Neurons in the Brain by Benedict Campbell – Wellcome Images

Talking about your learning is one of the best ways to make your learning stick.  The brain is able to make better connections when you are active in your learning.  Actually speaking what you believe or what you are learning is a way to make those connections happen effectively.

In a workshop I took a couple of summers ago on how brains learn best, it was a revelation to me to realize the potential in having learners tell what they are learning to another person.  The best way to learn is to teach, not just absorb what another is saying.  I am a near expert in how to write an essay, cause and effect, the states of matter, and Vivaldi’s Winter because I’ve been teaching that content for so long.  Putting the talking part on the students is a great way to get them to converse about the curriculum.

Over the last couple of years, I’ve been working hard to transform my teaching from lecture-based to facilitation.  Have you ever had an observer time how much you talk verse the time you allow your students to talk?  I haven’t, but I know it’s been done.  And that type of idea trails in the back of my head sometimes as I teach.  And I ask myself, “Am I being effective as I talk?”  “How much of this is sticking?”  “Are these kids even listening?”

I found a quote a long time ago that has stuck with me for quite some time.  I can’t remember where it comes from or the exact wording, but it goes something like this:

A good classroom should sound like a really great cocktail party.”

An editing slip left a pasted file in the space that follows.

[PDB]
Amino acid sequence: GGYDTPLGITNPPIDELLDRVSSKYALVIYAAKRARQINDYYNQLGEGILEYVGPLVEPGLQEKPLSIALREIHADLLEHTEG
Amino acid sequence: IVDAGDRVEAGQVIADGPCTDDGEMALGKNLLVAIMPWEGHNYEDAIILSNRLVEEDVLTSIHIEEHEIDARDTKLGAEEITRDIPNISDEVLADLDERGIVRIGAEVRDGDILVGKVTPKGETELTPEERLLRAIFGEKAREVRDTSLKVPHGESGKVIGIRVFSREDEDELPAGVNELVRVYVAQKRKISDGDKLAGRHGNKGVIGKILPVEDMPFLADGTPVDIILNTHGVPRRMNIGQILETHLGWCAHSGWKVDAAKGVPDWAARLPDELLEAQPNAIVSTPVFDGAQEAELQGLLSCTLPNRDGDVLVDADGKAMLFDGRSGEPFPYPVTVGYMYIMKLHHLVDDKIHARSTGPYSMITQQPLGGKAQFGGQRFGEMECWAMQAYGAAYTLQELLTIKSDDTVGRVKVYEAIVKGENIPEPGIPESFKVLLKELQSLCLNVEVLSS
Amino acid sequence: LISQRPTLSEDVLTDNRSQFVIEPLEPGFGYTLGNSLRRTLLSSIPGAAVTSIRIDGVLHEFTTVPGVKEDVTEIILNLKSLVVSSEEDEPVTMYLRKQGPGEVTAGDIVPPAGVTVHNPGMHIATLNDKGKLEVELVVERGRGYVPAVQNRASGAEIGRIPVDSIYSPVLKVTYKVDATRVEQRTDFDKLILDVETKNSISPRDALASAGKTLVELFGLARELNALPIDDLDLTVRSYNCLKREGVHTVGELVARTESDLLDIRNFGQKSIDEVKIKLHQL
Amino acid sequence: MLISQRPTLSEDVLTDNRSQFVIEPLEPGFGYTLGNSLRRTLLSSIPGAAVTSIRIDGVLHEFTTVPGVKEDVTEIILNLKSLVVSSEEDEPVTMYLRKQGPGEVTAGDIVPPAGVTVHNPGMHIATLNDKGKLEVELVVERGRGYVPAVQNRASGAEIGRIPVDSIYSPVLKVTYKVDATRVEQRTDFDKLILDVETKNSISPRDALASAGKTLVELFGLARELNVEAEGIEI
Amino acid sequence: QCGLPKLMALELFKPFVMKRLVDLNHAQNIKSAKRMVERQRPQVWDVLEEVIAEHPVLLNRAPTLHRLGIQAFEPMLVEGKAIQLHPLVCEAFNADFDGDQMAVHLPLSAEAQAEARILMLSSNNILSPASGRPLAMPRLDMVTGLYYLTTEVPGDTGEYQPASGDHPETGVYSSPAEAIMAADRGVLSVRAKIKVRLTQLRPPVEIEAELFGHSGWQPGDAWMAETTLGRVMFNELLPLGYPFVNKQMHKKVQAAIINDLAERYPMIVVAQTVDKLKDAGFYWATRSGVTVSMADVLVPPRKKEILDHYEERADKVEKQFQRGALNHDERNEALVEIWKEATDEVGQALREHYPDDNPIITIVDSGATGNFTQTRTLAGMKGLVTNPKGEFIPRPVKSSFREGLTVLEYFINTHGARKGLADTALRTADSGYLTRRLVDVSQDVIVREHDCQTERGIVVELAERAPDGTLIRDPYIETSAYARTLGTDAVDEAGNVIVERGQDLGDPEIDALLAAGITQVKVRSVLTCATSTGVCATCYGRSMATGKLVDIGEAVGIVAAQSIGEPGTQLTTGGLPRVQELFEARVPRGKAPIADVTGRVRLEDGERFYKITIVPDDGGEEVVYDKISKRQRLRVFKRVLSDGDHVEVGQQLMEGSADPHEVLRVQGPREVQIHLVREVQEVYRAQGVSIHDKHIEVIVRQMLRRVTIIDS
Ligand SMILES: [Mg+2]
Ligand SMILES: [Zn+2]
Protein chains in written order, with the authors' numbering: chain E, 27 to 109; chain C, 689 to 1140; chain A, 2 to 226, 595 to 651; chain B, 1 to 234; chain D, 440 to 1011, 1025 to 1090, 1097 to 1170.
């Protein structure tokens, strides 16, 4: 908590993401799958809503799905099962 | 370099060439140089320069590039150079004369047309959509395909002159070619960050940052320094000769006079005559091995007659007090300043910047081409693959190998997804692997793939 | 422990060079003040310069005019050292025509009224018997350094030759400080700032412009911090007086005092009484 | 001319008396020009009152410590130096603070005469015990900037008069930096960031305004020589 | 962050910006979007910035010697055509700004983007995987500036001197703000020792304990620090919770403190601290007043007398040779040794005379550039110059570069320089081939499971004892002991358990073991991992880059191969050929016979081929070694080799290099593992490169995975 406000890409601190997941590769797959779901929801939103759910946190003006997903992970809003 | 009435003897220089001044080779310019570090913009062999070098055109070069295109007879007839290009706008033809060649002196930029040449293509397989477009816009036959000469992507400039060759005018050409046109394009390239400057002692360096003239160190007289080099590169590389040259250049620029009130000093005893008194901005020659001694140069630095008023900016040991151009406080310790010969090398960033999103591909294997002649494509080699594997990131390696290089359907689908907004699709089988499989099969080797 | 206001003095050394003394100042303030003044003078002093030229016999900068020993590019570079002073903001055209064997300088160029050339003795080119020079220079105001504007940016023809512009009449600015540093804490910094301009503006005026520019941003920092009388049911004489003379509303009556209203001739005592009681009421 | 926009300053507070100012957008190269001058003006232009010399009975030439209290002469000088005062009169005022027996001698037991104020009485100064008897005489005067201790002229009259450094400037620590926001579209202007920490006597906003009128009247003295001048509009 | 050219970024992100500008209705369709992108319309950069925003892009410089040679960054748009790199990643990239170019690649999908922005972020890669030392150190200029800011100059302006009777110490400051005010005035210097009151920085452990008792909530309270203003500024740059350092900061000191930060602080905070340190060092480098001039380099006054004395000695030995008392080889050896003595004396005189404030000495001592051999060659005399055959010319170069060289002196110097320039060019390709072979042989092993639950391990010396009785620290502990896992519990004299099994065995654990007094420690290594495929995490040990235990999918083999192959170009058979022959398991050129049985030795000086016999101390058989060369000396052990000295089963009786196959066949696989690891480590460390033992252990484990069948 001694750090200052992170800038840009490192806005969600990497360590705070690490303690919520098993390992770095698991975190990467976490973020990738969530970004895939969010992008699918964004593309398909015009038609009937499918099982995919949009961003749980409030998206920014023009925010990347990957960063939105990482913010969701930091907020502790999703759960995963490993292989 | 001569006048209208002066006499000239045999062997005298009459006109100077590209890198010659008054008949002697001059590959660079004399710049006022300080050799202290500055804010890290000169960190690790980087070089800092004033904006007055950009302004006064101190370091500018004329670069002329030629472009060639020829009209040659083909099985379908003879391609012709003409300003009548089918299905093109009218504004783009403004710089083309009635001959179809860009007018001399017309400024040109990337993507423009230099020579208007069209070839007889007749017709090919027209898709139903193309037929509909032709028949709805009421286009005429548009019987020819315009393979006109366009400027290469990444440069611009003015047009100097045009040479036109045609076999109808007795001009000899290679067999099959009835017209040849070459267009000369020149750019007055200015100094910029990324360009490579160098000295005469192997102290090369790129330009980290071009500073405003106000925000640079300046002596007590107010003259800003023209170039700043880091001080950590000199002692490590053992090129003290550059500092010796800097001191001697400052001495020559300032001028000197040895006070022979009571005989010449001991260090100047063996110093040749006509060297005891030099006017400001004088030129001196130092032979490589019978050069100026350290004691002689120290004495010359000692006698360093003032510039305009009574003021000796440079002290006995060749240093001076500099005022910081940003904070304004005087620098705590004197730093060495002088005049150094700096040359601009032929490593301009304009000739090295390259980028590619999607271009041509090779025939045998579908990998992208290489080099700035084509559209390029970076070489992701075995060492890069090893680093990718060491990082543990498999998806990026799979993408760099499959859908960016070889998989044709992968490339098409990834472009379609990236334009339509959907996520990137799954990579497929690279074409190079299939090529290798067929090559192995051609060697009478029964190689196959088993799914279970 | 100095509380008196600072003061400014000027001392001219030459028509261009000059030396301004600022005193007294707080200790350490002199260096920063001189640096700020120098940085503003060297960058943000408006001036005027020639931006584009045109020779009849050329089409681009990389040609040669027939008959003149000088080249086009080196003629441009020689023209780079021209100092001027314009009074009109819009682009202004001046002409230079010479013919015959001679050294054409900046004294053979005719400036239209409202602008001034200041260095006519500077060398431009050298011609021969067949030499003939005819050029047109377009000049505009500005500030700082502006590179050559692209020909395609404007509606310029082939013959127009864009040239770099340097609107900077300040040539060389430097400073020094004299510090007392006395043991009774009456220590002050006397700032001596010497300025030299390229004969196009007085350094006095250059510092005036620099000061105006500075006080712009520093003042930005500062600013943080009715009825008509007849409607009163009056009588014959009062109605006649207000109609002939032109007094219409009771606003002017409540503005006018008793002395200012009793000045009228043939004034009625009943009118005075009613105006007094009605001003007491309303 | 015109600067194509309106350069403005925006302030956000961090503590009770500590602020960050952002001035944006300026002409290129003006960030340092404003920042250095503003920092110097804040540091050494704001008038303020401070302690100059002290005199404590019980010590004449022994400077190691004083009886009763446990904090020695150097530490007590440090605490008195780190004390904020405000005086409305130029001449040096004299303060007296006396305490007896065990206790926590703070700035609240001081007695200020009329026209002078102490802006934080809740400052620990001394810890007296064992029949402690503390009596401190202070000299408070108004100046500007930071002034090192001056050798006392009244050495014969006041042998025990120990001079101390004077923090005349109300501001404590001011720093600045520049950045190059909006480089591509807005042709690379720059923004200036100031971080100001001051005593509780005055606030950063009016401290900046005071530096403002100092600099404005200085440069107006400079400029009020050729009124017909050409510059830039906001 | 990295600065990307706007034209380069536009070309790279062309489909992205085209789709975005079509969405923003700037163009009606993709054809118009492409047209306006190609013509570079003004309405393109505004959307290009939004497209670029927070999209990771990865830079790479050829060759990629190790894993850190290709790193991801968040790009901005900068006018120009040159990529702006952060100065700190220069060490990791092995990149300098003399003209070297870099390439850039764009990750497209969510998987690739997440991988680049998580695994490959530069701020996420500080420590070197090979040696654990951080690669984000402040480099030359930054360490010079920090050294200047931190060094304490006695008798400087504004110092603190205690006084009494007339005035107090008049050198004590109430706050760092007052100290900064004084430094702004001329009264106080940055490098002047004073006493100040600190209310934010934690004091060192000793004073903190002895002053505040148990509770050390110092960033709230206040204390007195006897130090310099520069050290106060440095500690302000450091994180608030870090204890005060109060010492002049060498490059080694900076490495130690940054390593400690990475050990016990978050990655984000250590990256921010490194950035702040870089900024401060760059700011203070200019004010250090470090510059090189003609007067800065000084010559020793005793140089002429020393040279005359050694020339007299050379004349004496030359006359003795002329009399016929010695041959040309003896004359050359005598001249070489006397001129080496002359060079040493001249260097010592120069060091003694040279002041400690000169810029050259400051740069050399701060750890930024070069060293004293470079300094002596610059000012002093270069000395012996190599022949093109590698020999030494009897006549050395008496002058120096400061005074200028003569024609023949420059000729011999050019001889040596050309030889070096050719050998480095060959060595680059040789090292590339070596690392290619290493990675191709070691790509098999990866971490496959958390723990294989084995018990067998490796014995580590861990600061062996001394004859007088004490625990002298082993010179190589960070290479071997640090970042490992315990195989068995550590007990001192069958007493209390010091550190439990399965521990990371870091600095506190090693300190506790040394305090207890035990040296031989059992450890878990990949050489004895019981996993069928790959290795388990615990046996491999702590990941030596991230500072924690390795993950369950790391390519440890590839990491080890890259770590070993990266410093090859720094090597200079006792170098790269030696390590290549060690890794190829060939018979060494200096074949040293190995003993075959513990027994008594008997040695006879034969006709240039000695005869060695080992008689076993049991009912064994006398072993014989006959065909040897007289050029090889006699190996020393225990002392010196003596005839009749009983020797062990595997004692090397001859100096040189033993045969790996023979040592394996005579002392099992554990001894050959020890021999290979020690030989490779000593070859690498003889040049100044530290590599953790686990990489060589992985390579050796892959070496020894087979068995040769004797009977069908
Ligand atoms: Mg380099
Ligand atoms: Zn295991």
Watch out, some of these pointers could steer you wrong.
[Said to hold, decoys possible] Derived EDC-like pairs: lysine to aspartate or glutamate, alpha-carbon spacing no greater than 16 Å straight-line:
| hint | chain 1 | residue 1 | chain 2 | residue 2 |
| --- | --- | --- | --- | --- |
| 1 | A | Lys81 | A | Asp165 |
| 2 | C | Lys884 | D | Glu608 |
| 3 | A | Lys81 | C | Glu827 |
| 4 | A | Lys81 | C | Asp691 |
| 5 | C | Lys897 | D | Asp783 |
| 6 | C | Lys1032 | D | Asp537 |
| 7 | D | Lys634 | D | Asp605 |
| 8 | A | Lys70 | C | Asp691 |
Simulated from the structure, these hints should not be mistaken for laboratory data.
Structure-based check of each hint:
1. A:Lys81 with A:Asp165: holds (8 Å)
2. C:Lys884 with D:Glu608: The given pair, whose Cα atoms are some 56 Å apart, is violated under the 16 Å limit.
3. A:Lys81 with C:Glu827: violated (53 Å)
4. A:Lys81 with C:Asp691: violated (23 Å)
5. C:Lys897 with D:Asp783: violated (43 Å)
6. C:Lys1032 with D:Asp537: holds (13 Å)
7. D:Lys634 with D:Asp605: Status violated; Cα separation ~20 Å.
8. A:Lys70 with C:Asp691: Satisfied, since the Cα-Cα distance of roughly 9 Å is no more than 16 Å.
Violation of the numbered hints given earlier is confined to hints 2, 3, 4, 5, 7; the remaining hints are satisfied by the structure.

I mean think about it… It makes sense.  At a cocktail party, people are enjoying themselves, smiling, engaging in good conversation, discussing things that are important to them, listening to varied points of view.  Wouldn’t that be a great thing to have in your classroom?

Now, I am in touch with reality here.  I know that there are times when the teacher needs to teach and therefore talk to the students.  I also realize that students cannot be in a constant state of cocktail party bliss.  But there are times when conversations are not only appropriate, but beneficial to student learning.  (And if I can implement them in a modified open concept school, I know you can do it too!)

Here are three ways I put my Cocktail Party Philosophy into practice.

Elbow Buddies

One of my favorite ways to spark more connected learning among students is with “Elbow Buddies.”  During a lesson, I will often say, “Now turn to your elbow buddy and talk about….” or, “Get with an elbow buddy and explain to them how…”  It’s a great way to get students to talk about what they are learning and it’s something I don’t have to plan ahead.  Before I ask for students to share their ideas with the class, I ask them to talk to their elbow buddies so that they all have to participate in the discussions, not just a few.  While the kids are talking, I’ll walk around and eavesdrop on their conversations, helping out those who get stuck or seem awkward.

Just yesterday I used it on the fly when I could tell that my students did not remember what a mixed fraction is.  After going over it on the board, I asked them to turn to their elbow buddies and explain what a mixed fraction is.